How to start reading the Bible
If you have never read the Bible before, the worst place to start is probably the beginning! The book of Genesis, which begins the Bible, has a fascinating opening. It is a timeless story of how the world came into being – the kind of richly poetic tale that ancient people told around their camp fires. However, many people who begin reading Genesis with enthusiasm give up when they get to lists of names and bewildering laws that are not as compelling to us as they were to their original readers.
Often people find that the best place to start reading the Bible is the New Testament, which begins three quarters of the way through the book. This is where the life story of Jesus is told and you can read his claims and teaching in his own words.
If you begin at the Gospel of Matthew you will quickly get to the most interesting parts. Matthew gives a version of the well-known story of Jesus’ birth, then leaps forward thirty years. Very quickly you get to the Sermon on the Mount in which some of the most profound and provocative parts of Jesus’ teaching are gathered together (it begins, ‘Blessed are the poor in spirit’). As you continue reading you will discover accounts of Jesus healing, challenging the authorities, and telling parables (stories that clearly have a profound meaning, although we are left to work it out). At the end of the Gospel comes an account of how Jesus came to be executed, his resurrection, and his challenge to his followers to take news of him throughout the world.
Those who have been intrigued by the life of Jesus might go on to read the letter to the Philippians. This can be found by turning forward about a hundred pages. It was written by one of the first great leaders of the Christian church, Paul. It contains his advice to one of the churches he founded about how to live a fulfilling Christian life. Although the words are about two thousand years old, most of them seem timeless and some of them could have been written yesterday. They show how the very first Christians regarded Jesus, and then suggest how to live a life that is joyful, prayerful and makes life better for others.
A book from the Old Testament that new Bible readers often find compelling is Psalms. This is exactly half way through. It was the hymn book of the Jewish people, and became the hymn book of Christians. Every imaginable emotion that a human might go though is found here. It contains songs that praise God extravagantly. But it also contains songs of doubt, curiosity, despair, love, hope and the desire for peace and justice.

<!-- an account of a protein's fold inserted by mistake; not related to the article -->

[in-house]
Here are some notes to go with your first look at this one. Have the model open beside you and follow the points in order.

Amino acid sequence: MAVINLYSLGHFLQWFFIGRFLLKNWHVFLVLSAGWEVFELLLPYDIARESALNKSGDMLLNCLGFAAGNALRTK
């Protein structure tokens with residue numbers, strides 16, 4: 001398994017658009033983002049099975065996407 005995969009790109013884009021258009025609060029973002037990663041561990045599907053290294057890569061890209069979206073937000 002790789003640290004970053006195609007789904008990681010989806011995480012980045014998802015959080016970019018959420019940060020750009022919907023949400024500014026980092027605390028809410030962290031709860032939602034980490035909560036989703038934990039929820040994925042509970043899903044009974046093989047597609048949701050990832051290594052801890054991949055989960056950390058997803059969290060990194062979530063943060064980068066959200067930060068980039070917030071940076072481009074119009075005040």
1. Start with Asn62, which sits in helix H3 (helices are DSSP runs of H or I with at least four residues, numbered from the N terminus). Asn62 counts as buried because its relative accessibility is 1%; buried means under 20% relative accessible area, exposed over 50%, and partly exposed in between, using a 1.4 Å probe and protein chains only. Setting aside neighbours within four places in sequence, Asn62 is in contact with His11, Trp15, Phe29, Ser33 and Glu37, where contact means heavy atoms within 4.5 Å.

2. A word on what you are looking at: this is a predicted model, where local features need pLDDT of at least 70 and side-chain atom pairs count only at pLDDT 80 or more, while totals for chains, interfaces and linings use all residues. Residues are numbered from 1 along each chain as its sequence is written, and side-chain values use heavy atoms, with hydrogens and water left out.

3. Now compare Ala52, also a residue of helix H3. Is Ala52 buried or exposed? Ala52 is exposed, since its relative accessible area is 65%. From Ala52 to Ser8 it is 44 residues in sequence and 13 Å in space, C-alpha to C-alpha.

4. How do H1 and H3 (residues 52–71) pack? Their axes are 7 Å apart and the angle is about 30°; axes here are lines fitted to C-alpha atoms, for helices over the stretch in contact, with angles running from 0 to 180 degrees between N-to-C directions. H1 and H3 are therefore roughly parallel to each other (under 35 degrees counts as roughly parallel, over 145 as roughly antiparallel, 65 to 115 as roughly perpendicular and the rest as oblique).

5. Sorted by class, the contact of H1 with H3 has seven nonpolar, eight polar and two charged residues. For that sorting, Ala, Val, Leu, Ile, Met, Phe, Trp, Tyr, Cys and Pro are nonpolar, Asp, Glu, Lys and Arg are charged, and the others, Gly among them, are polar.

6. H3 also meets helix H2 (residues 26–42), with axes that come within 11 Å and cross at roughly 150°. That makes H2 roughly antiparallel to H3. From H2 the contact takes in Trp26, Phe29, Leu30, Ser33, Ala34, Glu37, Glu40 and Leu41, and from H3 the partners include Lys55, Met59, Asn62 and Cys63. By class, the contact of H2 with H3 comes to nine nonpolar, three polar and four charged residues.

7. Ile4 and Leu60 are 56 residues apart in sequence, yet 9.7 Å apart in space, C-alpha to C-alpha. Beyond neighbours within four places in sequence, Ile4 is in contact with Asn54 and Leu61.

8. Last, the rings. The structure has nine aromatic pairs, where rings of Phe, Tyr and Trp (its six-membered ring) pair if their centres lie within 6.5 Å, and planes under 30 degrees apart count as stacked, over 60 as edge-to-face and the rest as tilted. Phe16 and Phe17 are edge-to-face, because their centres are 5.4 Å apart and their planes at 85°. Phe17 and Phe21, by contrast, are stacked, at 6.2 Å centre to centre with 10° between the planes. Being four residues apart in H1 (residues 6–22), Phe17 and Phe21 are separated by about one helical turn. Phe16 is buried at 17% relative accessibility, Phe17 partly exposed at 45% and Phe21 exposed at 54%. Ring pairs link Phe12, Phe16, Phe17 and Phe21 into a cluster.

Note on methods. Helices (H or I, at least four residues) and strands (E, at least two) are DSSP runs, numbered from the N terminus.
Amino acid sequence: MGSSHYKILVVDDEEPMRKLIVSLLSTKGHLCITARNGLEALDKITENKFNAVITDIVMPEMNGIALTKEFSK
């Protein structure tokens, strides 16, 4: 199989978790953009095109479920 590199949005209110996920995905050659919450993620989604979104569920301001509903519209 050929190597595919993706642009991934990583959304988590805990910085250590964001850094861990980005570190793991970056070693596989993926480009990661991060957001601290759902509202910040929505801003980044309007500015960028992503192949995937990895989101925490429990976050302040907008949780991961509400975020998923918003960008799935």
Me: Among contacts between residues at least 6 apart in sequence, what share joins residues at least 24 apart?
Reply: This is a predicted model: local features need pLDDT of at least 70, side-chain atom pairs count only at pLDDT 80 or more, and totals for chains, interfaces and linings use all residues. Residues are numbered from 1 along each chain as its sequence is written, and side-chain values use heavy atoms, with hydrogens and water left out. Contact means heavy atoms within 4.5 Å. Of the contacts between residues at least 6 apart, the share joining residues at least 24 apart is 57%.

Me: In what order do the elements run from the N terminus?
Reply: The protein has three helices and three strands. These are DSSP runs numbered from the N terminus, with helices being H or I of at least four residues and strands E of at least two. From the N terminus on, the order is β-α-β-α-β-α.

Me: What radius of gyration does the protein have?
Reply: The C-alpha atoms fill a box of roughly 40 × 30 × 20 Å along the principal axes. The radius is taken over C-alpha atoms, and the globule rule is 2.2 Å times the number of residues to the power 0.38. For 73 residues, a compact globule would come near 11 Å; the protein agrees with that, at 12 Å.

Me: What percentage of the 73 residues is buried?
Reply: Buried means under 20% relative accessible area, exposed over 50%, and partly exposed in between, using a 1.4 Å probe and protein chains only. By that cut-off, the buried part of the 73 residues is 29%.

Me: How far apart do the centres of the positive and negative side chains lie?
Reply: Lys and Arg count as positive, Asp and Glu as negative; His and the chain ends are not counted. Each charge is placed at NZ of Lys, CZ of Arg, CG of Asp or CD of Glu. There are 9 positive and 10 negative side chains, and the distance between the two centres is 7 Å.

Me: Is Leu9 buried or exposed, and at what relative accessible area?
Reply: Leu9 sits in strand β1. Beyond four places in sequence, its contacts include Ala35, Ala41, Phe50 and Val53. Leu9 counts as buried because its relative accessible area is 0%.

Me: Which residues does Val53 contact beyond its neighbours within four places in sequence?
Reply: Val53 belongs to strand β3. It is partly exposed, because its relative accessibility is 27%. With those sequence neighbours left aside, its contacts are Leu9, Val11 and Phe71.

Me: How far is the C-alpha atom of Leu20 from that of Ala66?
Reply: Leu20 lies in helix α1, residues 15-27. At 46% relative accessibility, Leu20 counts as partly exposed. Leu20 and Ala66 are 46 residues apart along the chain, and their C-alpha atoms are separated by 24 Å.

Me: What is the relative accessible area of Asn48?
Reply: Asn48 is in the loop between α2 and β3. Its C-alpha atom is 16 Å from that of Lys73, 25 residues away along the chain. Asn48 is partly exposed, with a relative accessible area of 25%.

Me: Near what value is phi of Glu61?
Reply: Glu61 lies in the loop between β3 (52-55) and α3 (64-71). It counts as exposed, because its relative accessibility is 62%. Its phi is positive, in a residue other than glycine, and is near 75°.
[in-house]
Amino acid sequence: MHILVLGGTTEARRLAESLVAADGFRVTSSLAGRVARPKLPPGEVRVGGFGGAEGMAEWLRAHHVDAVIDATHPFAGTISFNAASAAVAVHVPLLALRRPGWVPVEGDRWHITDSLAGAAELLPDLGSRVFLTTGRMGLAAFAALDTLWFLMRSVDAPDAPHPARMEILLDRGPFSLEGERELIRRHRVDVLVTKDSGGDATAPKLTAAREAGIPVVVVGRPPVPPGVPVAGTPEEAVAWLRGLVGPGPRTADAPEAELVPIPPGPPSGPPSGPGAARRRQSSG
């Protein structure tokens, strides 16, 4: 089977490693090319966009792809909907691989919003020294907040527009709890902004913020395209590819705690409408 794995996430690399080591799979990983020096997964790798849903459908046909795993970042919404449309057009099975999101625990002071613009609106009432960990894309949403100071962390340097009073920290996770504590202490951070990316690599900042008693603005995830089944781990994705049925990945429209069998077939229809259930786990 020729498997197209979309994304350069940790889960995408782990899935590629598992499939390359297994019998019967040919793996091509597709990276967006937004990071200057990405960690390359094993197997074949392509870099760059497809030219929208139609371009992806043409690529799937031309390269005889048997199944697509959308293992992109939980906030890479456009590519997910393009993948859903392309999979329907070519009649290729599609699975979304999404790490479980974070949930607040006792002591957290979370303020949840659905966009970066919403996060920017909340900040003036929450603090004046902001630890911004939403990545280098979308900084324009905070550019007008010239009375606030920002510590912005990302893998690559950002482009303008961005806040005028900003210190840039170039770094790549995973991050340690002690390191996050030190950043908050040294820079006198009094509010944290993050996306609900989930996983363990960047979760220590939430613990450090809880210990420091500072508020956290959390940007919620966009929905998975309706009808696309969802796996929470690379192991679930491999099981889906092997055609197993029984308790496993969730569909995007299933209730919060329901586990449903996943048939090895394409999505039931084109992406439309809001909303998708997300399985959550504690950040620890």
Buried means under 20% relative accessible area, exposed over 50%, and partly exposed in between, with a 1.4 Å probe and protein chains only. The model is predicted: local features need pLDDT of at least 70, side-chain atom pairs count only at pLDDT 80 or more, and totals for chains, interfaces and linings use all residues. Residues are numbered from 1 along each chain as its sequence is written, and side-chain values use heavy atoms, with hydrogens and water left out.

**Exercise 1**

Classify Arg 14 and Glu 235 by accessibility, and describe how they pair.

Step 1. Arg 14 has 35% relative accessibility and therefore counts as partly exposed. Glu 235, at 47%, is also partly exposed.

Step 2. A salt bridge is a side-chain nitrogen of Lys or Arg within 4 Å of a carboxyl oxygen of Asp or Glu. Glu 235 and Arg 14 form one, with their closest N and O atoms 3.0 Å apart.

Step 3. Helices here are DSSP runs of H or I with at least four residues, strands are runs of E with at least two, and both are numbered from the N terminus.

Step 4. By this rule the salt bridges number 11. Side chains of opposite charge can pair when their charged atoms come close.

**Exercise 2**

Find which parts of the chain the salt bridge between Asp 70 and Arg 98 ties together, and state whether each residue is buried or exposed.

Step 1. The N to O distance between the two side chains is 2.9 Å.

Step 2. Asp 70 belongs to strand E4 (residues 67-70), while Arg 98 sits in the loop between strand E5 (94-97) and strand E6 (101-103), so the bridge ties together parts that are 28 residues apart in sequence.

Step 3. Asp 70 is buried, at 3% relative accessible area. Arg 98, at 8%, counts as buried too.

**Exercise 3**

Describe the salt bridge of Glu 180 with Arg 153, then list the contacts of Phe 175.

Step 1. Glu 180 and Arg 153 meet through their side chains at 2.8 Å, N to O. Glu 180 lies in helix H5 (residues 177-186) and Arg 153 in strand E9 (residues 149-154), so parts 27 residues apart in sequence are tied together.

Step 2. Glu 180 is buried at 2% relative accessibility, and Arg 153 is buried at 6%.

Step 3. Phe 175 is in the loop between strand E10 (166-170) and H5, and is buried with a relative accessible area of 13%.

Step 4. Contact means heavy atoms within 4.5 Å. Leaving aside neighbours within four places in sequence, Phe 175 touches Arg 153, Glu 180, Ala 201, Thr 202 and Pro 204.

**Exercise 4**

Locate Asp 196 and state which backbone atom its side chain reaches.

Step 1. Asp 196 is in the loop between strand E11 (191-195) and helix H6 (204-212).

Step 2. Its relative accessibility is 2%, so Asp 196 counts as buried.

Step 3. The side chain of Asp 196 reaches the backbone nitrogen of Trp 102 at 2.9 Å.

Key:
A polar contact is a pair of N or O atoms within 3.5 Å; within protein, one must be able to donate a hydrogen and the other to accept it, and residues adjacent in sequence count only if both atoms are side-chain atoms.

Many find that reading such a large book is daunting and confusing. A large number of books and magazines are available to allow people to encounter the Bible in short extracts. They can be purchased through the websites of organisations such as Biblefresh or Scripture Union.
During 2011, the four hundredth anniversary of the Authorised Version of the Bible, the splendour of its ancient words was celebrated. However, people who want to get to the heart of what Jesus said and did may prefer to read translations that use modern, understandable English (the extracts from the Bible given on this website come from the New International Version).
If you do not have a modern version of the Bible at hand, click ‘Find out more’ (immediately below) and ask for a Gospel to be sent to you free of charge.
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An extract from the Bible:
The holy Scriptures, which are able to make you wise for salvation through faith in Christ Jesus.
Where to find it:
2 Timothy 3:15
About these words:
Paul, one of the first leaders of the Christian church, urges his protégé Timothy to find wisdom through a life-long study of the Bible.
And they said...
Mark Twain, 1835-1910, writer:
Most people are bothered by those passages of Scripture they do not understand, but the passages that bother me are those I do understand.
Cecil B deMille, 1881-1959, film director:
After sixty years of almost daily reading of the Bible, I never fail to find it always new and marvellously in tune with the changing needs of every day.
Geoffrey Fisher, Archbishop of Canterbury, to Queen Elizabeth II at her coronation in 1953:
We present you with this book, the most valuable thing the world affords. Here is wisdom. This is the royal law. These are the lively oracles of God.